At the age of 10 Eyvind Earle’s future career was influenced by his father who offered him the ultimatum of reading 50 pages of a book or painting a picture every day. He chose both.
In 1937, for the price of 42 watercolours, 21 year old Earle biked his way from Hollywood to New York using the money earned from his paintings. A few years later the Metropolitan Museum of Art in New York purchased one of his paintings for its permanent collection.
In 1951, the American became an assistant background painter for Walt Disney. He remained with Disney for the next 10 years painting settings for classics such as ‘Peter Pan’, ‘Lady and the Tramp’ and ‘Sleeping Beauty’.
In addition to paintings, his works included sculptures, scratchboards, water-colours and drawings. Earle’s animated characters also appeared on television, including in a nativity scene for ‘The Story of Christmas’.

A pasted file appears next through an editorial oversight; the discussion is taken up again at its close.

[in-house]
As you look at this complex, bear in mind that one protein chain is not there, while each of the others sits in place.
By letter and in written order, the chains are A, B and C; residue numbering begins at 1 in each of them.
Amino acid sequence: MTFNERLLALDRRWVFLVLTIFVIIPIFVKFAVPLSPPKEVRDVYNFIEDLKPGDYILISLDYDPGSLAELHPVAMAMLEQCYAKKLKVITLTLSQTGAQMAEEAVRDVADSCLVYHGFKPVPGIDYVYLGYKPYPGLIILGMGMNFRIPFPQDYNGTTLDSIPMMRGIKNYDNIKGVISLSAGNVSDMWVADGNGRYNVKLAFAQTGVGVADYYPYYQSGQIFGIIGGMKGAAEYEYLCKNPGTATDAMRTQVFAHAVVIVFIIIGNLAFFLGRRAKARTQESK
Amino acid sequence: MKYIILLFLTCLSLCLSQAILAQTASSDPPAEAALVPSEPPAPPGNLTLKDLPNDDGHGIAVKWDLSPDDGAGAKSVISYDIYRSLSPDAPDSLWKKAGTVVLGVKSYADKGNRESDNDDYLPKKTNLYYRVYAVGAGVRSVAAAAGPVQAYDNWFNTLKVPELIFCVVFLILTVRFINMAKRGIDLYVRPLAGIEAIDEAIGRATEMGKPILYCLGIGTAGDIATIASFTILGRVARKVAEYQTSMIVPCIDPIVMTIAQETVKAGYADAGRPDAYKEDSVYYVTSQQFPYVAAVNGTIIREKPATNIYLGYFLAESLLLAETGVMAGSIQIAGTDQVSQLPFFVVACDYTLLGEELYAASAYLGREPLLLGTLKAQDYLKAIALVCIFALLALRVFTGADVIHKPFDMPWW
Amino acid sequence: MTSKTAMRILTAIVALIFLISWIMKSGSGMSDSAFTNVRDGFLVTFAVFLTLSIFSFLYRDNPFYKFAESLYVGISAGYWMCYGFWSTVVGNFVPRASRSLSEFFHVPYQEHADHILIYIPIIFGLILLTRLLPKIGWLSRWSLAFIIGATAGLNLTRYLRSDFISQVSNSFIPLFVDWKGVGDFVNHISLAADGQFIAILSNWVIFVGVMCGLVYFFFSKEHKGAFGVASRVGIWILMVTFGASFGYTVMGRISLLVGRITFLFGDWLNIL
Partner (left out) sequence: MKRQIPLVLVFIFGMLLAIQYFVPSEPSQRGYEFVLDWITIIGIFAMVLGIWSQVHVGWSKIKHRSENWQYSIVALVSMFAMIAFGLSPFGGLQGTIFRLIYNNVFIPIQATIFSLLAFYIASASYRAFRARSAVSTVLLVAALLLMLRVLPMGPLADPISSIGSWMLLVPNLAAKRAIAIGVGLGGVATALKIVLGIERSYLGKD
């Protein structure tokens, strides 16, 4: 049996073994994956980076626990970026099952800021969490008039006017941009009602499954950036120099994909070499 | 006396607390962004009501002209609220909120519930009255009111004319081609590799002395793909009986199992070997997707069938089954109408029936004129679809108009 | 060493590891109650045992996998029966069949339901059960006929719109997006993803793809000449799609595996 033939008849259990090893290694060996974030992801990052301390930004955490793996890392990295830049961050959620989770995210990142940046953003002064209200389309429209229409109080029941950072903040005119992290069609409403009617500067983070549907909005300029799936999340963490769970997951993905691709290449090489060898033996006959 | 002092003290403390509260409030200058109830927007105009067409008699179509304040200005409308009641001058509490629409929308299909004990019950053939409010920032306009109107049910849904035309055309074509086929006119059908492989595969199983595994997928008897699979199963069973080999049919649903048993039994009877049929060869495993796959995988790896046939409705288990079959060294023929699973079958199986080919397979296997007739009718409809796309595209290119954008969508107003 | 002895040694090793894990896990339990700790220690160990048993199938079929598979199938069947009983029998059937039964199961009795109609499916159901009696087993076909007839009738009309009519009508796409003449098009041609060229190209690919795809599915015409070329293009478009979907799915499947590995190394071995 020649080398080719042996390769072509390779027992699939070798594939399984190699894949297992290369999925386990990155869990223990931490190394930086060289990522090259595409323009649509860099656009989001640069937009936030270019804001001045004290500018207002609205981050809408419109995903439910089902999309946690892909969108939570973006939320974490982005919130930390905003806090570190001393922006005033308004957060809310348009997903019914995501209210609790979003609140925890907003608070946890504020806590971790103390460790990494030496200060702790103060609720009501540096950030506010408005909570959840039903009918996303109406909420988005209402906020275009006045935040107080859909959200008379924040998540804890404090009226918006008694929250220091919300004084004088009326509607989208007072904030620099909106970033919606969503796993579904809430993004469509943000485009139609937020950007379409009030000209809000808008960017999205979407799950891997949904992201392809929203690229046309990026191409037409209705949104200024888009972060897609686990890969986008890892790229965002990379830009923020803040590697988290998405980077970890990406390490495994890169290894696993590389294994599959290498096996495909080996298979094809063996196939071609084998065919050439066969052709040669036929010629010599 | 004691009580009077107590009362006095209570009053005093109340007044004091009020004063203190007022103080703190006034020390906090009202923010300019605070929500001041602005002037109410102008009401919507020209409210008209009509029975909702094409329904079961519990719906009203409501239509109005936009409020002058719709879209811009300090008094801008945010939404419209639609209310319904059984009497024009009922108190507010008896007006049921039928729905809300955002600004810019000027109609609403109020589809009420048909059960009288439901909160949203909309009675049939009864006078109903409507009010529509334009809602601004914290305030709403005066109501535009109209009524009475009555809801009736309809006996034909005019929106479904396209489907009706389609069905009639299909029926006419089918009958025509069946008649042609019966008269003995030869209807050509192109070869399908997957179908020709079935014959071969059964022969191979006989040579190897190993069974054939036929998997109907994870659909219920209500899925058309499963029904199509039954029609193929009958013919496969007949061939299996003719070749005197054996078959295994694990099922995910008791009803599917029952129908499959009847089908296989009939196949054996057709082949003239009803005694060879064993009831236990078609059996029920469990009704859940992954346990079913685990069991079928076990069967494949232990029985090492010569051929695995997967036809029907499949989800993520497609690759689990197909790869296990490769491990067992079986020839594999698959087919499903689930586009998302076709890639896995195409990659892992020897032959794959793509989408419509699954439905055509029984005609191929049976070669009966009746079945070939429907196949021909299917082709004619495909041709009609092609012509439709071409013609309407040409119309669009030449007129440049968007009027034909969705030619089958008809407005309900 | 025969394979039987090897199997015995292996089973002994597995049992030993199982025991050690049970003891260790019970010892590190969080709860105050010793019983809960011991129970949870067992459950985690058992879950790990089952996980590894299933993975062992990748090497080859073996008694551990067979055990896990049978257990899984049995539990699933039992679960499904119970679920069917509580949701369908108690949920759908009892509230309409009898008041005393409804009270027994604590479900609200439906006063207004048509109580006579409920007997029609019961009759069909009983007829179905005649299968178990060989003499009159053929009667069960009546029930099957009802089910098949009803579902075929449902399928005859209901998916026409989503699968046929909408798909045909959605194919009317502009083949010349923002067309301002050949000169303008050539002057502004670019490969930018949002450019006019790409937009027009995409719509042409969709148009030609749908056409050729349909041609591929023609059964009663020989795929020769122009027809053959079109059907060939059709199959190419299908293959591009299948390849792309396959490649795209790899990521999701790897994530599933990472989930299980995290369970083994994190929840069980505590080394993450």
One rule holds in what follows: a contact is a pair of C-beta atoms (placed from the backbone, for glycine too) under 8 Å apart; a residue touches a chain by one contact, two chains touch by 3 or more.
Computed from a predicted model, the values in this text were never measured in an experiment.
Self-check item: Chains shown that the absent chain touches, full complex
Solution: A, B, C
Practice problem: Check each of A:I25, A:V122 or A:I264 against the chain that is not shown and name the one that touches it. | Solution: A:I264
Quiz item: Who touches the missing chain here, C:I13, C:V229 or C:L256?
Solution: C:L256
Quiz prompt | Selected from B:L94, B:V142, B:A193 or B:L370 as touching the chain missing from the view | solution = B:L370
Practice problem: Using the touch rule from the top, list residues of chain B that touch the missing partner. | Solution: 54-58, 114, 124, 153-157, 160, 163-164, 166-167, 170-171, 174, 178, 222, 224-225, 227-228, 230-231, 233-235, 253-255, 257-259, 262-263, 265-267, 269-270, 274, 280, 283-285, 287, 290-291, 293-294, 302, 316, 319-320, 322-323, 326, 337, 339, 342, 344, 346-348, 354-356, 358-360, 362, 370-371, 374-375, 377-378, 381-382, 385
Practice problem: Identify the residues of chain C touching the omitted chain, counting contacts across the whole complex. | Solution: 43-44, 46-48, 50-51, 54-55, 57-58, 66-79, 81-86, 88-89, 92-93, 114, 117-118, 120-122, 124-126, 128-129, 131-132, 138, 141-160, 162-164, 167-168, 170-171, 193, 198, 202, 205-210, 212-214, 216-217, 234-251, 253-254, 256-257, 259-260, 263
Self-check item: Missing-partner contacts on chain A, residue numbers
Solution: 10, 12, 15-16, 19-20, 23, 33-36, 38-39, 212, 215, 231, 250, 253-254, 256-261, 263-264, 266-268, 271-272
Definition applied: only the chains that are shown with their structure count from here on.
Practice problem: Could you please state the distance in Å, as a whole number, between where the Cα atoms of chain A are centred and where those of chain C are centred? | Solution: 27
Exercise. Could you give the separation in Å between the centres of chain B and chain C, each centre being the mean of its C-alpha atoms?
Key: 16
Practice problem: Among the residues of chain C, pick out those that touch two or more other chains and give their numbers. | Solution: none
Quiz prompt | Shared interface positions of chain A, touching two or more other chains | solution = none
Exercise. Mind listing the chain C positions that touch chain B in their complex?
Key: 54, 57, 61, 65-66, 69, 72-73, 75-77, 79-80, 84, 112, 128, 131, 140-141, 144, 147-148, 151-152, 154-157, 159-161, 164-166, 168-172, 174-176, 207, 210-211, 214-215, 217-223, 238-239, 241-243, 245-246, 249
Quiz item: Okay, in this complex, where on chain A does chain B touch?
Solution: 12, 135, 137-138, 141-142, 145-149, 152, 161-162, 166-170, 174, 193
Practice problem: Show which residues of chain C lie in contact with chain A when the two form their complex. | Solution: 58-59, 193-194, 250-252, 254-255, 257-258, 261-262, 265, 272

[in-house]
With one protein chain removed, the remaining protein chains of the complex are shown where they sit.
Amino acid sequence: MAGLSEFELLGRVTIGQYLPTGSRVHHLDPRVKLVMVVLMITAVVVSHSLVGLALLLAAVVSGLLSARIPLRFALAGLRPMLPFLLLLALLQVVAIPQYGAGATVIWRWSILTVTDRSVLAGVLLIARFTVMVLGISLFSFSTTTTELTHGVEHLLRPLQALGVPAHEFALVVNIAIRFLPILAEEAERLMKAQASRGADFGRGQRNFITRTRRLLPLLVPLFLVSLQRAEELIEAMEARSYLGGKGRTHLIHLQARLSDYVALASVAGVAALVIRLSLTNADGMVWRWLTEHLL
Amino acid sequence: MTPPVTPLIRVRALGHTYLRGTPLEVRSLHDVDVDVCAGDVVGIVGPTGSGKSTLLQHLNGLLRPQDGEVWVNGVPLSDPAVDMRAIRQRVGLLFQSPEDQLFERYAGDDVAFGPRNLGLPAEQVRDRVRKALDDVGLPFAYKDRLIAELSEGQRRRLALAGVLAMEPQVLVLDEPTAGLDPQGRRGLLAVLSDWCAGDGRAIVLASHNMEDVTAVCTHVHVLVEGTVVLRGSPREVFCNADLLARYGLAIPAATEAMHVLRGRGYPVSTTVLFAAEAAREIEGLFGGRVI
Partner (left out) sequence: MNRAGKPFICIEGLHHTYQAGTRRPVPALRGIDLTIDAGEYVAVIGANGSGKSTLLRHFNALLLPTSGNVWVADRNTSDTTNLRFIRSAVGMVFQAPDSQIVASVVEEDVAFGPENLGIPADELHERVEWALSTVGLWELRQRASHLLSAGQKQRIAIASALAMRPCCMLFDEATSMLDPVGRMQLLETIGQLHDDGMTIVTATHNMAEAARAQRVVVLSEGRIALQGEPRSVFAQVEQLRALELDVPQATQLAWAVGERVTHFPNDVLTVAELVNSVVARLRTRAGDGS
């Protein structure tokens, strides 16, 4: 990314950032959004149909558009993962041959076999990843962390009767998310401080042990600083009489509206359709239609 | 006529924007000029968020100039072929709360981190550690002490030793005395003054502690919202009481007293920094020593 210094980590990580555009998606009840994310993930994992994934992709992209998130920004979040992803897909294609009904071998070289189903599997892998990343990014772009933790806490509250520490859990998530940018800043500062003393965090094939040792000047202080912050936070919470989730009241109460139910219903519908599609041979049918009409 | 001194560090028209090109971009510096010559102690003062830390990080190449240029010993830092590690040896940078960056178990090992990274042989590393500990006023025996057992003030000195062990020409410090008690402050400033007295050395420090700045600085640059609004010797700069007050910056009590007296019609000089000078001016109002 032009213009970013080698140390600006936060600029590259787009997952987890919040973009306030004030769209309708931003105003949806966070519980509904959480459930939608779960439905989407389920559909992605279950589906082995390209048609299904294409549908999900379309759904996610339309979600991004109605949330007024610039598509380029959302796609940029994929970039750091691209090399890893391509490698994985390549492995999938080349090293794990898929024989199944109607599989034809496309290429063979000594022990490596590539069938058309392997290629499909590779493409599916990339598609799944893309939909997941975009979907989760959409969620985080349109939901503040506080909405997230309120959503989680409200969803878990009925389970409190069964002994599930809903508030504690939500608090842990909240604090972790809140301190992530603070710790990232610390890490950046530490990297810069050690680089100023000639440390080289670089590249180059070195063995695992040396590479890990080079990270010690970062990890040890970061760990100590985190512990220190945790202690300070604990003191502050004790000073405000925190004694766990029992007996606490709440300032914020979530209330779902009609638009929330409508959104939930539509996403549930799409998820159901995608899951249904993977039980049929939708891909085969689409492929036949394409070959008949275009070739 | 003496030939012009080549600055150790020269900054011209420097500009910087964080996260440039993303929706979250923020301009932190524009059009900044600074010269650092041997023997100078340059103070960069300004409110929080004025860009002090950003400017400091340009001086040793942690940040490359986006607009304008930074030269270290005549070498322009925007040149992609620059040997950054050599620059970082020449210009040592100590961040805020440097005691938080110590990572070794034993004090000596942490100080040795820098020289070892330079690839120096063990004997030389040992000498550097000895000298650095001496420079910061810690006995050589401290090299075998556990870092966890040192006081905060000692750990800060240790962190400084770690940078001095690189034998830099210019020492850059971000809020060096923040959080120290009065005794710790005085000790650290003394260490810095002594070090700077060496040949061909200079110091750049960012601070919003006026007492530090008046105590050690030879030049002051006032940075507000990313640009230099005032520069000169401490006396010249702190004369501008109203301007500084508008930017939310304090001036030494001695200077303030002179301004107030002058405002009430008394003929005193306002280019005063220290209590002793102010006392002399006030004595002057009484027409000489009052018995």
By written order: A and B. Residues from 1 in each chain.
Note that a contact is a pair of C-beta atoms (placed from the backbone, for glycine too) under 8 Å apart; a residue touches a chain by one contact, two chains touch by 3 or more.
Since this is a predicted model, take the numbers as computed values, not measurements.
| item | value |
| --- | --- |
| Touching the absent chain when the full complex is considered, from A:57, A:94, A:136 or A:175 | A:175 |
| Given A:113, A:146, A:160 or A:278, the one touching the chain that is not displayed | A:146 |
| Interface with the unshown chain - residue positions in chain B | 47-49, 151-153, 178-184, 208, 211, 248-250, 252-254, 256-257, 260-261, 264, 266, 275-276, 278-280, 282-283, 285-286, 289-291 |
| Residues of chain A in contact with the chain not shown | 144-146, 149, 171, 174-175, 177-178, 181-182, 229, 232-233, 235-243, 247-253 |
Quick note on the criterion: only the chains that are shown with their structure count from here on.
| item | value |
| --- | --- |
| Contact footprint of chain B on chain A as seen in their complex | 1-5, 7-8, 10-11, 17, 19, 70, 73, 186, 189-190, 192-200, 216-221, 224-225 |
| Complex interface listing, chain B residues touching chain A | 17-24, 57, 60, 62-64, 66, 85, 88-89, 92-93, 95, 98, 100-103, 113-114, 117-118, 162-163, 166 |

Earle has worked in many different fields including book illustrating, magazine publications and animated commercials for television. At one point in his career, Earle adapted his creative landscapes into Christmas cards, producing over 800 designs that have sold more than 300 million copies through the American Artist Group.
In 1966, Earle returned to painting full-time, working with watercolours, oils, drawings and silkscreens. His work most frequently features the American landscapes he’s so enamoured with. Earle’s work is particularly noted for his unique representation of distances, landmasses and features of the weather.
Earle’s work can be found in the permanent collection of the Metropolitan Museum of Art, New York.